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‘Now the whole focus is on COVID-19’

Hospital staff in Osh, Kyrgyzstan, receive much-needed protective clothing for the next ten days

Colleagues report from health projects in Northern Iraq, Cambodia and Kyrgyzstan

As the pandemic spreads across countries in the Middle East, Central and South-East Asia, German-supported health projects refocus their activities to help partners rise to this unprecedented challenge. Contributions range from health worker trainings to setting up digital case reporting systems and devising social media campaigns.

At this time of year, the population of Northern Iraq’s autonomous Kurdish region usually celebrates Newroz, a festival of spring and new beginnings. People come together for joint meals, fireworks, dancing, singing, and poetry recitations. They cut spring flowers, show off their new clothes and spend the day with their families in the countryside.

Not this year.

Enabling Kurdish health workers to curb the spread of the virus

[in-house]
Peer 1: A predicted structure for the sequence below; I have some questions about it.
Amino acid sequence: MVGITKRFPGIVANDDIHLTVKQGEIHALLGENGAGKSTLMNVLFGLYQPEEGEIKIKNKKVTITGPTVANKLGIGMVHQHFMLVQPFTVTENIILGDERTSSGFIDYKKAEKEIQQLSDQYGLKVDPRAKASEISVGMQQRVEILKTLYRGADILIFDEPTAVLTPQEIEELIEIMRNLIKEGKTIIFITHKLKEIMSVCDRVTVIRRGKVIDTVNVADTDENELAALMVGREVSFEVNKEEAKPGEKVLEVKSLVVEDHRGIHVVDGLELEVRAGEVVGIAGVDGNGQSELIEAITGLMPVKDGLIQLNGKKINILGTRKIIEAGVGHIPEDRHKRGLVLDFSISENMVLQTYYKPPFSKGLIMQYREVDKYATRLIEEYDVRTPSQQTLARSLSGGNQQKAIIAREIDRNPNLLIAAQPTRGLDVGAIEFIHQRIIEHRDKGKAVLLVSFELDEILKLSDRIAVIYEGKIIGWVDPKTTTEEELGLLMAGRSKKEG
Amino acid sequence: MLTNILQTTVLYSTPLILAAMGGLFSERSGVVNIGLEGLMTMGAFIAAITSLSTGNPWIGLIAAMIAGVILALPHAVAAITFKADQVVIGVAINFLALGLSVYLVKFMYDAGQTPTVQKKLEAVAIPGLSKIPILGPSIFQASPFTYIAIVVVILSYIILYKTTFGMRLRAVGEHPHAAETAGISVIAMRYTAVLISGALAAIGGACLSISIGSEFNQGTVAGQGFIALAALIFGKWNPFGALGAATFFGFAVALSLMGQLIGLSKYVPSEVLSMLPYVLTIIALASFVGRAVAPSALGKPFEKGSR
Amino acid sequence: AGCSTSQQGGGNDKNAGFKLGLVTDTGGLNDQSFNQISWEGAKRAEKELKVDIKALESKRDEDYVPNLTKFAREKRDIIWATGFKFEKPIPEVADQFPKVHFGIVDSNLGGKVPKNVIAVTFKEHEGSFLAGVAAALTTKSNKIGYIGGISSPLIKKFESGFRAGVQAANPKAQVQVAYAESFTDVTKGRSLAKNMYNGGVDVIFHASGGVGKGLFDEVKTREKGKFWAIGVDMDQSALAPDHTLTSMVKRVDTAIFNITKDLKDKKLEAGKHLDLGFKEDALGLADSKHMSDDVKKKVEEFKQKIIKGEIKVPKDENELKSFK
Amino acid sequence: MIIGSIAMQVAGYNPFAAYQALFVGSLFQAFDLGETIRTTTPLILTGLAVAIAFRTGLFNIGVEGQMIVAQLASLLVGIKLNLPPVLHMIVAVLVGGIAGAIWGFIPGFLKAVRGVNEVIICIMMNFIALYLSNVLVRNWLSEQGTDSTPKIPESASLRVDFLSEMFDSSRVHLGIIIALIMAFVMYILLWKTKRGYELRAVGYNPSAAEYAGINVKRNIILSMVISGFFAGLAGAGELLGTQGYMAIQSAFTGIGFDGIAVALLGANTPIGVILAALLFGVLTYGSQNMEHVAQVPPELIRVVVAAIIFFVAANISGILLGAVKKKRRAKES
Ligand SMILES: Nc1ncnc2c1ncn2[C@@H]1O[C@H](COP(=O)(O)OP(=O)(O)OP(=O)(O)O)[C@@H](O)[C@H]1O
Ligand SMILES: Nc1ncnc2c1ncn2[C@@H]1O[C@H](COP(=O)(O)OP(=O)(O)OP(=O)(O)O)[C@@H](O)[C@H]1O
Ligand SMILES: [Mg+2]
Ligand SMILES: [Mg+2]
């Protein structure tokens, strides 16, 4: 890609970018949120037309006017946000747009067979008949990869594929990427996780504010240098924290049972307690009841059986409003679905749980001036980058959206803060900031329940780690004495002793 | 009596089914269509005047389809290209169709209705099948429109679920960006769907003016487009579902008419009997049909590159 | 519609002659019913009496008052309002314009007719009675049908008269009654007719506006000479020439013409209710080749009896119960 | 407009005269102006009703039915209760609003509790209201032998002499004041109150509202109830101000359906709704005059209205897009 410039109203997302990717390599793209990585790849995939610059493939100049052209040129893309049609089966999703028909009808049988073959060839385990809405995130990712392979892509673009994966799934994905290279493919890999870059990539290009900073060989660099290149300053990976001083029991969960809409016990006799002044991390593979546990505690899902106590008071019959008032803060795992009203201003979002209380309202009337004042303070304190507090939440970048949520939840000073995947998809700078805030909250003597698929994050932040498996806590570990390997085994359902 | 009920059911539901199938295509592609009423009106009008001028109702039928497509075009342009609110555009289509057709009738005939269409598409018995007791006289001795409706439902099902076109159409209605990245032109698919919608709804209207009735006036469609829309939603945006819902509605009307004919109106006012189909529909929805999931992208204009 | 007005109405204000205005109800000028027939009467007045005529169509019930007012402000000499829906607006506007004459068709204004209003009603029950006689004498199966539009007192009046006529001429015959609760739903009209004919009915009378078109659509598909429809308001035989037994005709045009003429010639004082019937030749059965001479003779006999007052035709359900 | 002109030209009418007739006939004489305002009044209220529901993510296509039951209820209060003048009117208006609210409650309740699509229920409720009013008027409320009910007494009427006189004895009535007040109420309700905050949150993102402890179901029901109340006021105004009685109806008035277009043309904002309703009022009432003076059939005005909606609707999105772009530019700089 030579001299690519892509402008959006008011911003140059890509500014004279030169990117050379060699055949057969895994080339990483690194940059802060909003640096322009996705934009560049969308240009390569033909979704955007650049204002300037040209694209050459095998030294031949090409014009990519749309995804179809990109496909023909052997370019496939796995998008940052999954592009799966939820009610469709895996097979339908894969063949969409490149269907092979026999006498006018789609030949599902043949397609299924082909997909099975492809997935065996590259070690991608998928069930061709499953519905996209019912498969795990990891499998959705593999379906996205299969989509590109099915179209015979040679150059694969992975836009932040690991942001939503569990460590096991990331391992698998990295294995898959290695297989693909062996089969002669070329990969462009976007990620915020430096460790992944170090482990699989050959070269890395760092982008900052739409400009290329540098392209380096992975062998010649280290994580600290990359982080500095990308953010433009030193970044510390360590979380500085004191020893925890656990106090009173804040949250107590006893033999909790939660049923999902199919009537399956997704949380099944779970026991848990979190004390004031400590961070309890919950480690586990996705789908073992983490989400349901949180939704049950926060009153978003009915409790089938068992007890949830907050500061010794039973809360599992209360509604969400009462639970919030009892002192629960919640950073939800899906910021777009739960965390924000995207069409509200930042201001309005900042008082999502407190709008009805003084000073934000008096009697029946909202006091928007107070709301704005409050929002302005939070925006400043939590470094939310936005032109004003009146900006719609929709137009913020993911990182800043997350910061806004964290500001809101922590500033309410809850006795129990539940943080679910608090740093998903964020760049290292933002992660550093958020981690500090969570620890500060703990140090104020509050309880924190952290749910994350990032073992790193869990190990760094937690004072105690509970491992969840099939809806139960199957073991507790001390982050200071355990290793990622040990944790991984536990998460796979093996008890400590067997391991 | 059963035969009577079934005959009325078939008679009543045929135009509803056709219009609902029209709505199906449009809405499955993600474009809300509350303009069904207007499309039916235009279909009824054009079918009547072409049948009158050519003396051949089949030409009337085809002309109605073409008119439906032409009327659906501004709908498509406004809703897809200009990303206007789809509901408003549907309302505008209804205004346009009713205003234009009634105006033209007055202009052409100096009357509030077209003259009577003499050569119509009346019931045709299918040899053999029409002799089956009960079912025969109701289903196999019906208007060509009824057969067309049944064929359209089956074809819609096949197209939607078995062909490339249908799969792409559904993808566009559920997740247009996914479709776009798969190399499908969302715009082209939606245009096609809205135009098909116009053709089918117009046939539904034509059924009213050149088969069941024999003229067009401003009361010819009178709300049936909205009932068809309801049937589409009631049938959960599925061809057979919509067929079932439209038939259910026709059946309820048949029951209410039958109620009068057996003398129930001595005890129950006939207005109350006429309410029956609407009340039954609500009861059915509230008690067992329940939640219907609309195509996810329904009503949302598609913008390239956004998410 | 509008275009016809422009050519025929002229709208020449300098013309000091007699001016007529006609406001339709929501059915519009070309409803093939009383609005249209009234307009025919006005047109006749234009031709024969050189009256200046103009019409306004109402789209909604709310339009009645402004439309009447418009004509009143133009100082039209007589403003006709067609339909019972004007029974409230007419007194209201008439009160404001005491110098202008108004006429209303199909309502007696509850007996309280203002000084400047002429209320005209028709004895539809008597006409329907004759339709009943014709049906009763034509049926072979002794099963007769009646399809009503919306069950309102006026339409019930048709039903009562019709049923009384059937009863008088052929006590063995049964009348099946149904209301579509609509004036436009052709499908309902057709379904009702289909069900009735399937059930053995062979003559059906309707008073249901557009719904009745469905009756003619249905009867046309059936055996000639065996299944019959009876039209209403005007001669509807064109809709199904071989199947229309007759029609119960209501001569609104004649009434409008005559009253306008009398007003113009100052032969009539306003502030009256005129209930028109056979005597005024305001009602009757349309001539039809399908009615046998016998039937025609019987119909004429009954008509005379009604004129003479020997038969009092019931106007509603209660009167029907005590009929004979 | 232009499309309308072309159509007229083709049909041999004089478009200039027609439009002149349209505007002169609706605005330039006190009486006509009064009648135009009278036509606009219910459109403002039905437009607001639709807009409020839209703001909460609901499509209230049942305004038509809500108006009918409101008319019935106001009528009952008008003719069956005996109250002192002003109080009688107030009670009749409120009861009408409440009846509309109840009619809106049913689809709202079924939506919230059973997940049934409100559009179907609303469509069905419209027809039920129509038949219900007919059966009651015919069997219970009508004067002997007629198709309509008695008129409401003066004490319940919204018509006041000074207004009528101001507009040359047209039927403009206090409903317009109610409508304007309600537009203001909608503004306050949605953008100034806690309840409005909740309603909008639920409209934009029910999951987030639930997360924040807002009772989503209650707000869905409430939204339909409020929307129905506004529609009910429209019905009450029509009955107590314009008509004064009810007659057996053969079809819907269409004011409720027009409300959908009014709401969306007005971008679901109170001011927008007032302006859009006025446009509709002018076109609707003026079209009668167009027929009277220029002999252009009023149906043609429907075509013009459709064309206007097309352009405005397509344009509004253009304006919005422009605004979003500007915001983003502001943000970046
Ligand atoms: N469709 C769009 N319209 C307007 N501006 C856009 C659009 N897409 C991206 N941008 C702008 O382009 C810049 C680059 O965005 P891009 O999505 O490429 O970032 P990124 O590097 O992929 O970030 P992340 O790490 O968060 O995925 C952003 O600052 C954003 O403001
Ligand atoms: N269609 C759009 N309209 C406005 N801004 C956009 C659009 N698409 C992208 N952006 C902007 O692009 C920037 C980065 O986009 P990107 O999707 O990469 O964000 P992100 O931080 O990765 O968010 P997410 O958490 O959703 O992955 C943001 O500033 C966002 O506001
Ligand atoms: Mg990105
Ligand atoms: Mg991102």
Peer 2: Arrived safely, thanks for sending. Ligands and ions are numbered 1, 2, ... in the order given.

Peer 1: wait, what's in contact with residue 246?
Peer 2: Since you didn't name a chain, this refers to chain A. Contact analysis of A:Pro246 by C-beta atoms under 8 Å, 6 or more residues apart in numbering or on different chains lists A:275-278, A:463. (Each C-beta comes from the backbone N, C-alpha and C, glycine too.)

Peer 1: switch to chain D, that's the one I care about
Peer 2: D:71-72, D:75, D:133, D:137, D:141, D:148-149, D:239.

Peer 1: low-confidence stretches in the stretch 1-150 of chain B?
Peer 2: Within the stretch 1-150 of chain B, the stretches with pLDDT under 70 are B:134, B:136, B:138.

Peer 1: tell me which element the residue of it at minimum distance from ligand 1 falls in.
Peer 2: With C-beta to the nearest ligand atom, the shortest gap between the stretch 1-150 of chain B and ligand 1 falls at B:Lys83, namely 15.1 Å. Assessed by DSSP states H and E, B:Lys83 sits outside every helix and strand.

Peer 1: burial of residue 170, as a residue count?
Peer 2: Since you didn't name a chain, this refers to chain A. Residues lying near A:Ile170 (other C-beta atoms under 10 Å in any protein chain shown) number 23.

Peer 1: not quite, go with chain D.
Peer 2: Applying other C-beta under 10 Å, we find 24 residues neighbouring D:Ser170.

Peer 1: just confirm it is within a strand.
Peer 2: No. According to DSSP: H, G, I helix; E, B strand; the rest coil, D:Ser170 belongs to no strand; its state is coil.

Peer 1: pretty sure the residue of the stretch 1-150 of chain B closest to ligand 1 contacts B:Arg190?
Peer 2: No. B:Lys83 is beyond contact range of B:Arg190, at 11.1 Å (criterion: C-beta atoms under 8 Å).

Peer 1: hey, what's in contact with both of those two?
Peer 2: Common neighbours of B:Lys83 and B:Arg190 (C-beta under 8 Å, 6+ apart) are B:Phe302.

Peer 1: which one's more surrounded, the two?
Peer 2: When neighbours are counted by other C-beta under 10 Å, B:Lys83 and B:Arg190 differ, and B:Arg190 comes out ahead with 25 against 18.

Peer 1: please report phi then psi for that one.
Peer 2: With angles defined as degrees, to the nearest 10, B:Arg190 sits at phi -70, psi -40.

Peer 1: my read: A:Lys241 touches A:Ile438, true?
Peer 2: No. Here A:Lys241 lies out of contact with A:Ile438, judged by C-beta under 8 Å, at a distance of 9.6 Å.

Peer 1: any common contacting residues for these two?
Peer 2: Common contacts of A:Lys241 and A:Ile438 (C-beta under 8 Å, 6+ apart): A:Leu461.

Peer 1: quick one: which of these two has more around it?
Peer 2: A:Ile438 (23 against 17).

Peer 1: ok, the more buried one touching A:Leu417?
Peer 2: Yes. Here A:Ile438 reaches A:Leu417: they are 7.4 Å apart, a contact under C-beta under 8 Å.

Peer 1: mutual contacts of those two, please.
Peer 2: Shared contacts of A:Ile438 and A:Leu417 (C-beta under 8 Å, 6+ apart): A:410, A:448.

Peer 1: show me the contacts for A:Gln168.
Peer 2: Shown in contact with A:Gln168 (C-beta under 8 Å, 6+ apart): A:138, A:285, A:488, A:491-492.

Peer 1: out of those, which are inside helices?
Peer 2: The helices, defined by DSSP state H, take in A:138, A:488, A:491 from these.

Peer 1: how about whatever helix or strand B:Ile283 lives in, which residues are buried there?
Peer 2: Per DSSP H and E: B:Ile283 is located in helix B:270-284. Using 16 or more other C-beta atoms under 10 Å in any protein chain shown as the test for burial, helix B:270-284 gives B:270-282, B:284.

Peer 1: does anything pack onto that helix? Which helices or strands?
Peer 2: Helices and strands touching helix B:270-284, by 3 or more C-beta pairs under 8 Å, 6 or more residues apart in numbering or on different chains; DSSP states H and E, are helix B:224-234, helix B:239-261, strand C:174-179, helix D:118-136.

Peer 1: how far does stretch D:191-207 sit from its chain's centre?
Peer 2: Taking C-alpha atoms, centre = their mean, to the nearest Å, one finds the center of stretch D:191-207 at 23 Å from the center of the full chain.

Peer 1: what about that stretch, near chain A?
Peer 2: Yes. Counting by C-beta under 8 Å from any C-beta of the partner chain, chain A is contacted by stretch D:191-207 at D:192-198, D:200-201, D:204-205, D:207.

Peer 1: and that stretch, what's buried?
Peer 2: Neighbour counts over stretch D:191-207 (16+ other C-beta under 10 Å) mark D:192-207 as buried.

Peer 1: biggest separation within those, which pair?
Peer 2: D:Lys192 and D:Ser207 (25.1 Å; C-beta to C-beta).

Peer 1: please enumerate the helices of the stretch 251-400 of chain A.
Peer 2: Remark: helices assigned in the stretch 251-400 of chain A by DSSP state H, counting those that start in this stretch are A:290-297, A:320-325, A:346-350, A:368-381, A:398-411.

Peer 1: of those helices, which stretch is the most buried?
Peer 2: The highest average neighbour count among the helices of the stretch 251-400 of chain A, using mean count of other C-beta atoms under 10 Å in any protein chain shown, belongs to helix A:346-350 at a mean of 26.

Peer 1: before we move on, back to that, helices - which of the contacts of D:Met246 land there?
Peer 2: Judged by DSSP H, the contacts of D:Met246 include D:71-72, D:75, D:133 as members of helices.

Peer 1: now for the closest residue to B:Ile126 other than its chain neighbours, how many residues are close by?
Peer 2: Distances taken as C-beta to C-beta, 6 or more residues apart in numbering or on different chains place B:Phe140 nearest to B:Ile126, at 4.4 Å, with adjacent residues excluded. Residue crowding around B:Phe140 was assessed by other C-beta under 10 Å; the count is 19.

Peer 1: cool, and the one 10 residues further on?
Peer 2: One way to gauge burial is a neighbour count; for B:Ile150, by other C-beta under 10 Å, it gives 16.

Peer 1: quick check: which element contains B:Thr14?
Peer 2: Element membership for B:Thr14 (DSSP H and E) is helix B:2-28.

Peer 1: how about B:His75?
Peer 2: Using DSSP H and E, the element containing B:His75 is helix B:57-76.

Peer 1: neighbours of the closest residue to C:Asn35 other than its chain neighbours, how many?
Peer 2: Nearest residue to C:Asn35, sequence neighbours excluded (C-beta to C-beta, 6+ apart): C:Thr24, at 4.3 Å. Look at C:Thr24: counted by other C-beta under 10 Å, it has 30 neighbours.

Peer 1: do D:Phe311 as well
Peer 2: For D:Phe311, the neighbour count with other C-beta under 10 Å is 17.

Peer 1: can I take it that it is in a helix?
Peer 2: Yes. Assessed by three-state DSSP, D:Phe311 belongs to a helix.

The population has been asked to stay at home to slow the spread of the novel coronavirus. Schools, universities, restaurants and shopping malls are closed and the local government and health services are gearing up for their COVID-19 response. In Dohuk Governorate, the health component of the German-supported CONNEX project supports these efforts. Commissioned by the German Federal Ministry for Economic Cooperation and Development (BMZ) and implemented by the Deutsche Gesellschaft für Internationale Zusammenarbeit (GIZ), this project was originally set up in 2016 to help the Governorate expand its water, education and health systems to meet the needs of over 370,000 internally displaced people and 83,000 Syrians who fled here from ISIS’ terror regime.